The Australian government agency dedicated to streamlining the country’s IT operations has called blockchain “interesting,” but said it is hyped by firms working with the tech.
The chief digital officer of the Digital Transformation Agency (DTA), Peter Alexander, indicated the view was arrived at after the organization received AU$700,000 (about US$500,000) from the government in May to explore blockchain applications within government services.
“Blockchain: Interesting technology but early on in its development, it’s kind of at the top of a hype cycle,” Alexander said at a parliamentary committee meeting on Tuesday, as reported by ZDNet.
Alexander was further quoted as saying that most of the hype comes from companies seeking to make profits in the space.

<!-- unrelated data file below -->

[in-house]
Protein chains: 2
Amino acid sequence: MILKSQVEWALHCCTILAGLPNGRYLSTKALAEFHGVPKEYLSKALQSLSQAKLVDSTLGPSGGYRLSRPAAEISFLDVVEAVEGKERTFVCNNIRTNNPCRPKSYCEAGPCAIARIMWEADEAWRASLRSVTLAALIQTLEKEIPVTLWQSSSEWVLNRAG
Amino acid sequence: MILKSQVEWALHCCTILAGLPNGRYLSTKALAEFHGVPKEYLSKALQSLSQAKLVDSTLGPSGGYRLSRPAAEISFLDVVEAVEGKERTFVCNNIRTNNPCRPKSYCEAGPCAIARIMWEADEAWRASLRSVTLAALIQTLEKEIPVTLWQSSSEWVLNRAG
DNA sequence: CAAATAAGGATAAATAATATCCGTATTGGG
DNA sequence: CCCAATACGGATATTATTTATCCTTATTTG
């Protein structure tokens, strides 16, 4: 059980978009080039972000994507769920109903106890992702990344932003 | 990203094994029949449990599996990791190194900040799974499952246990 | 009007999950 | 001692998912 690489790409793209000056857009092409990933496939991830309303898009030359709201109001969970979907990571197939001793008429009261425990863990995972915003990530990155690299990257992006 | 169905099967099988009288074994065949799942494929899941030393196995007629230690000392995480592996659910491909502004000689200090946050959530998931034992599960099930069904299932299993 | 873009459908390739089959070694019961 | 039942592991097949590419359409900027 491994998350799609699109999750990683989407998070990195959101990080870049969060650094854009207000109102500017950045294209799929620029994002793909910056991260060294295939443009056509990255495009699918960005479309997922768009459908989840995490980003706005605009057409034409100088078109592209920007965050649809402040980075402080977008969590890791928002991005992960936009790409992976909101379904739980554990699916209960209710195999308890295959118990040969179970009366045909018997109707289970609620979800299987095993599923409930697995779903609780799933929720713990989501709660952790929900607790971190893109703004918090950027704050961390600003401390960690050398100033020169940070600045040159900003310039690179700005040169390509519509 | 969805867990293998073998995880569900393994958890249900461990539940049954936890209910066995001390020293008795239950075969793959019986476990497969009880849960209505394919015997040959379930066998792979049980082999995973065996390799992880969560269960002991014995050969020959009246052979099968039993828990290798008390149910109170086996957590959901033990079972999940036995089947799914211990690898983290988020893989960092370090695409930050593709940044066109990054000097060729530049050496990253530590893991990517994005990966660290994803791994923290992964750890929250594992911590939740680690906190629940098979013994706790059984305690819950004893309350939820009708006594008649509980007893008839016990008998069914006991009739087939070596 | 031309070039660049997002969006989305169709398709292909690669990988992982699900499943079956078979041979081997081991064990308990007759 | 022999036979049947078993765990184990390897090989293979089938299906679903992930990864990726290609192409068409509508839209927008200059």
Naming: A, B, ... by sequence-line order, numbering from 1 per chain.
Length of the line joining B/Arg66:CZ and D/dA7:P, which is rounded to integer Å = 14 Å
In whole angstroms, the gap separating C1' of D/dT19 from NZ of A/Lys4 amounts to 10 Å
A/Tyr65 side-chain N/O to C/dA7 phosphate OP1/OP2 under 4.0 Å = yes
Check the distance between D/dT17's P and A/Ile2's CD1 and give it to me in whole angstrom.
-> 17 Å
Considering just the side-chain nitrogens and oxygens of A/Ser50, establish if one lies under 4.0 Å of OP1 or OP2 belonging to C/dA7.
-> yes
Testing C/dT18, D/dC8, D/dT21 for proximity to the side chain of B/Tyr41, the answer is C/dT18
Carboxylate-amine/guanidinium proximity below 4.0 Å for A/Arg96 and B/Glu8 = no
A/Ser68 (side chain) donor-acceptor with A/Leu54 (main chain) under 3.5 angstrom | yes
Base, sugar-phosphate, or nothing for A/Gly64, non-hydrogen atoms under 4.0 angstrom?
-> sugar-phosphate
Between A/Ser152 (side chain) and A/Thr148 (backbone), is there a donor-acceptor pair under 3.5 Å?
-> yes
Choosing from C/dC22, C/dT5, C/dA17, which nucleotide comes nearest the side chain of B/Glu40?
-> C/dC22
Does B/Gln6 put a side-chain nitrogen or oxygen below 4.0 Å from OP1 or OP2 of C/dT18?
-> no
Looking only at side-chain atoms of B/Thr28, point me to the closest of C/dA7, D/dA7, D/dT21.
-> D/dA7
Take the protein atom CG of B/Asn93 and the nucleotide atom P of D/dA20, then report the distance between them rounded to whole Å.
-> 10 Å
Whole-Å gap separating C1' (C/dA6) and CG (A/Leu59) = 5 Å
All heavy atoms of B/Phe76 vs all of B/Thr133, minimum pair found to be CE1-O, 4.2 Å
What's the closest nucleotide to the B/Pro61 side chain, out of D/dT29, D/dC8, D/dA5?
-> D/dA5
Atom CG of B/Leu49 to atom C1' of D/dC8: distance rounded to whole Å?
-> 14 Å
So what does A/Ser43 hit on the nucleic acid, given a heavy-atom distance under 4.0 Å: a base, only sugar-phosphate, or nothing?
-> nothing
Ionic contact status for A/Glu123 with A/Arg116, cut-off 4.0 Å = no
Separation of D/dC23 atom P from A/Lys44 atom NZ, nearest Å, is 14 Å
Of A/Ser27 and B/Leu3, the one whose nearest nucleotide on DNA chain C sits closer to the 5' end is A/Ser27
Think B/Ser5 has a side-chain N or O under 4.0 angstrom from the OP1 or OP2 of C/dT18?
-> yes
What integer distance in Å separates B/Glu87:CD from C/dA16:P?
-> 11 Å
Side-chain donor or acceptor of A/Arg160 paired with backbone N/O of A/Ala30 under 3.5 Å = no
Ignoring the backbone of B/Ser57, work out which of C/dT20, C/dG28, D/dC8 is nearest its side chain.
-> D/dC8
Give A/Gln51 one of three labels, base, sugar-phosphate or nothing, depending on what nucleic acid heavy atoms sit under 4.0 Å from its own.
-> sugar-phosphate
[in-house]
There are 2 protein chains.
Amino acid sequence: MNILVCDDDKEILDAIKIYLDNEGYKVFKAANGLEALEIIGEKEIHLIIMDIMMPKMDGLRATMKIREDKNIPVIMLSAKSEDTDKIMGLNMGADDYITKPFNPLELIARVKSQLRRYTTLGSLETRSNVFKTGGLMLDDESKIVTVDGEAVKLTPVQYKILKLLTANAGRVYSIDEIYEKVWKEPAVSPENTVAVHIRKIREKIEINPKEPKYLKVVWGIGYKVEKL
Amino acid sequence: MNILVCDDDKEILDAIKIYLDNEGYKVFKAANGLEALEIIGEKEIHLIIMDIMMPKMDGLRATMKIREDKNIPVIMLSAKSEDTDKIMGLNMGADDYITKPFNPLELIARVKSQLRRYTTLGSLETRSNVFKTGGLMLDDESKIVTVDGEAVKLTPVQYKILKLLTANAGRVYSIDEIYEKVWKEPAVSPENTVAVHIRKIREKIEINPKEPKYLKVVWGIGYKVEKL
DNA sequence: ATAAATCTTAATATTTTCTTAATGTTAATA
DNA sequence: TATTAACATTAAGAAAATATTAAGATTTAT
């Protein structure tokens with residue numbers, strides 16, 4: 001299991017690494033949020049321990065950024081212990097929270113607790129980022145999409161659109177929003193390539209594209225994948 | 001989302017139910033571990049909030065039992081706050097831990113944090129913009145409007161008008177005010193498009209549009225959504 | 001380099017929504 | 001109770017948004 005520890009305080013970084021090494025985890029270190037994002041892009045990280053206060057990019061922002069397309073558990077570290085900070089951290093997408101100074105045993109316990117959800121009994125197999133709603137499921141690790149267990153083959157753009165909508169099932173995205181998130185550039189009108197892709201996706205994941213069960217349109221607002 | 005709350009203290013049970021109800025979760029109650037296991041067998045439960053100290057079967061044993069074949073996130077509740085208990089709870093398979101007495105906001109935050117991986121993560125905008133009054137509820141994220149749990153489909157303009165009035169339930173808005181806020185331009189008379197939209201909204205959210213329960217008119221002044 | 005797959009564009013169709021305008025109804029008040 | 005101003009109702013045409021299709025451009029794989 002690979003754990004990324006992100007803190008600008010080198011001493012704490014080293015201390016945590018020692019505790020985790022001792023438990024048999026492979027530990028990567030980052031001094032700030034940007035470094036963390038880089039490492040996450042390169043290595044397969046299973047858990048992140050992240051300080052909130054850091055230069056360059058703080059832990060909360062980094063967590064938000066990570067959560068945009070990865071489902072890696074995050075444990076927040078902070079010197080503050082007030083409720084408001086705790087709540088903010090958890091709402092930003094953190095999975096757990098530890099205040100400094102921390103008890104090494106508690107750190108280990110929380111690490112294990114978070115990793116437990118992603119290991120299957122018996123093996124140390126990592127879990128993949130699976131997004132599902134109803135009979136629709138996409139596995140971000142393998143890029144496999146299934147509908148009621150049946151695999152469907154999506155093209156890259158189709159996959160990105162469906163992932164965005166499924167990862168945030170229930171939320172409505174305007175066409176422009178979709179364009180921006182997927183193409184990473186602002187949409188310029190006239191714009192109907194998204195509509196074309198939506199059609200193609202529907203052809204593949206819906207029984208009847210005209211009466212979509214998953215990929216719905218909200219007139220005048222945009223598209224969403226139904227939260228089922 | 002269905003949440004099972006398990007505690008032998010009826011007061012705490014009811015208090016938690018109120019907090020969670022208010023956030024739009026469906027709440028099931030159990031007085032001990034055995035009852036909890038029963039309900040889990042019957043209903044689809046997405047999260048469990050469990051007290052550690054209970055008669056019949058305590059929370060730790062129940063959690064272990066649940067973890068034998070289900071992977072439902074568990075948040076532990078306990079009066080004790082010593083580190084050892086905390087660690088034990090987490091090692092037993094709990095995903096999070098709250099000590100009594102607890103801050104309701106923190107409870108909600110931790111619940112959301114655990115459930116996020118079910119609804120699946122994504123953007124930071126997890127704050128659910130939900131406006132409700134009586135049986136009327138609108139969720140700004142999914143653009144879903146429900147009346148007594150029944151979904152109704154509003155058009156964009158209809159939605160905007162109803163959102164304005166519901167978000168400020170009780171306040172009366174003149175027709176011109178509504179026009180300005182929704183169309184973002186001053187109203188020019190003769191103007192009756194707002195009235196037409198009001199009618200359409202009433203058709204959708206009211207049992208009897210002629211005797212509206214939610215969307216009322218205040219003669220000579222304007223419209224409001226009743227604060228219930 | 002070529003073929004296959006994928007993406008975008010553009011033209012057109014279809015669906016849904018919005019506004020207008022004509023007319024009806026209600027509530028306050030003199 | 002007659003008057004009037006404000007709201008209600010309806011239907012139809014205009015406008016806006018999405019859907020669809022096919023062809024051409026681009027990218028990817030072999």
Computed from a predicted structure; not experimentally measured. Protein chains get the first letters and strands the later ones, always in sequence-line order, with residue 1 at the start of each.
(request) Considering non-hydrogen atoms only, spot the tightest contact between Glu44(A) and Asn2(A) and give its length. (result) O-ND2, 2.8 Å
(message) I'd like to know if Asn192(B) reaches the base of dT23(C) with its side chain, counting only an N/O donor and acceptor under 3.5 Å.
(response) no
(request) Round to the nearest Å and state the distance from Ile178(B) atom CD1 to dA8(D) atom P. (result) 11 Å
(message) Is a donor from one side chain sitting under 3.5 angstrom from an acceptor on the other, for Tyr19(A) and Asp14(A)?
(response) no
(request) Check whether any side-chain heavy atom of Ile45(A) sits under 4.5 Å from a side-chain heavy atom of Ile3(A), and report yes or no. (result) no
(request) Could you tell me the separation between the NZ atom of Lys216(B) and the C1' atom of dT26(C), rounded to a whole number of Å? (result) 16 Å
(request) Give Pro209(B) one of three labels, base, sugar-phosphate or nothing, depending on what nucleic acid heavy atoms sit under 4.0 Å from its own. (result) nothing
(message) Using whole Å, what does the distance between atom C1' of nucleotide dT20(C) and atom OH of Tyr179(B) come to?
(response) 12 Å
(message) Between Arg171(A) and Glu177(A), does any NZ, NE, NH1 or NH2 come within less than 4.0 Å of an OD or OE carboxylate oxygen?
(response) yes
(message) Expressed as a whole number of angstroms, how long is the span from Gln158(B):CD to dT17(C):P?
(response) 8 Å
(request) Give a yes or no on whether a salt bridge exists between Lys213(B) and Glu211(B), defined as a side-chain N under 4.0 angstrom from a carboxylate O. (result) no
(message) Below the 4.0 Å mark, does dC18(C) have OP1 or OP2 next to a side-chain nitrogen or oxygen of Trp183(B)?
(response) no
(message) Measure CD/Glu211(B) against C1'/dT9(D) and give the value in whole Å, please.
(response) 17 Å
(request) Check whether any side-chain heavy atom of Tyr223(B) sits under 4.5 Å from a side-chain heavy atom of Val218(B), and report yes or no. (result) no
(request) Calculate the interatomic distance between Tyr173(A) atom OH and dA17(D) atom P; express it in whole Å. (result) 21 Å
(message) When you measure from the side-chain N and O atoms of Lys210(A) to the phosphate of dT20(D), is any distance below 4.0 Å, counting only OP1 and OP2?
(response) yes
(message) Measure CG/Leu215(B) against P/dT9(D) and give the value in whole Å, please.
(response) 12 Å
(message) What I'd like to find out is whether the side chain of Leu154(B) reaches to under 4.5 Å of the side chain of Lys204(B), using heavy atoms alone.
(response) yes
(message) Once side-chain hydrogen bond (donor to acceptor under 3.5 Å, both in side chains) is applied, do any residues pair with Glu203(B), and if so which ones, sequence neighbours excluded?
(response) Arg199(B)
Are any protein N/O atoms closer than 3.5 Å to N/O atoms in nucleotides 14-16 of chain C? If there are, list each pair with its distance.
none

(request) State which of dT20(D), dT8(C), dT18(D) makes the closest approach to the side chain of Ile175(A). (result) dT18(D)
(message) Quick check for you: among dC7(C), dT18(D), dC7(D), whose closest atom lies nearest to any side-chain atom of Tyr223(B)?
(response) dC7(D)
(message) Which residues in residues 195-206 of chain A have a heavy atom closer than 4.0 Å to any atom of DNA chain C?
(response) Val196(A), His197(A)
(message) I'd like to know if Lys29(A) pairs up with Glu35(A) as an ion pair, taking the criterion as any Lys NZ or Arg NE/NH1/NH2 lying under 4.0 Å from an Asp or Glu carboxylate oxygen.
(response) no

“It’s not that we don’t trust any of the vendors – that would be an unfair characterization – we trust the vendors, but note that the motivation is generally sales and making revenue.”
Standardization is also an area that needs to be addressed to make possible use cases of blockchain to more appealing, he continued, saying that, “for every use of blockchain you would consider today, there is a better technology.”
A number of other government agencies in Australia have recently moved to study blockchain use cases.
For instance, in May, Australia’s Department of Home Affairs revealed a plan to investigate blockchain’s potential to bring about secure and transparent international trade and supply chain management.
The Commonwealth Scientific and Industrial Research Organization (CSIRO) is also looking into the settlement of insurance payments for citizens with disabilities using blockchain– a project being conducted with the Commonwealth Bank of Australia.
Perhaps most notably, CSIRO said in late August that its research arm, Data61, is working with law firm Herbert Smith Freehills and IBM to conduct a pilot for a new system called the Australian National Blockchain (ANB). The nation-wide platform would allow businesses to carry out transactions based on smart legal contracts, it said at the time.
Australia flag image via Shutterstock
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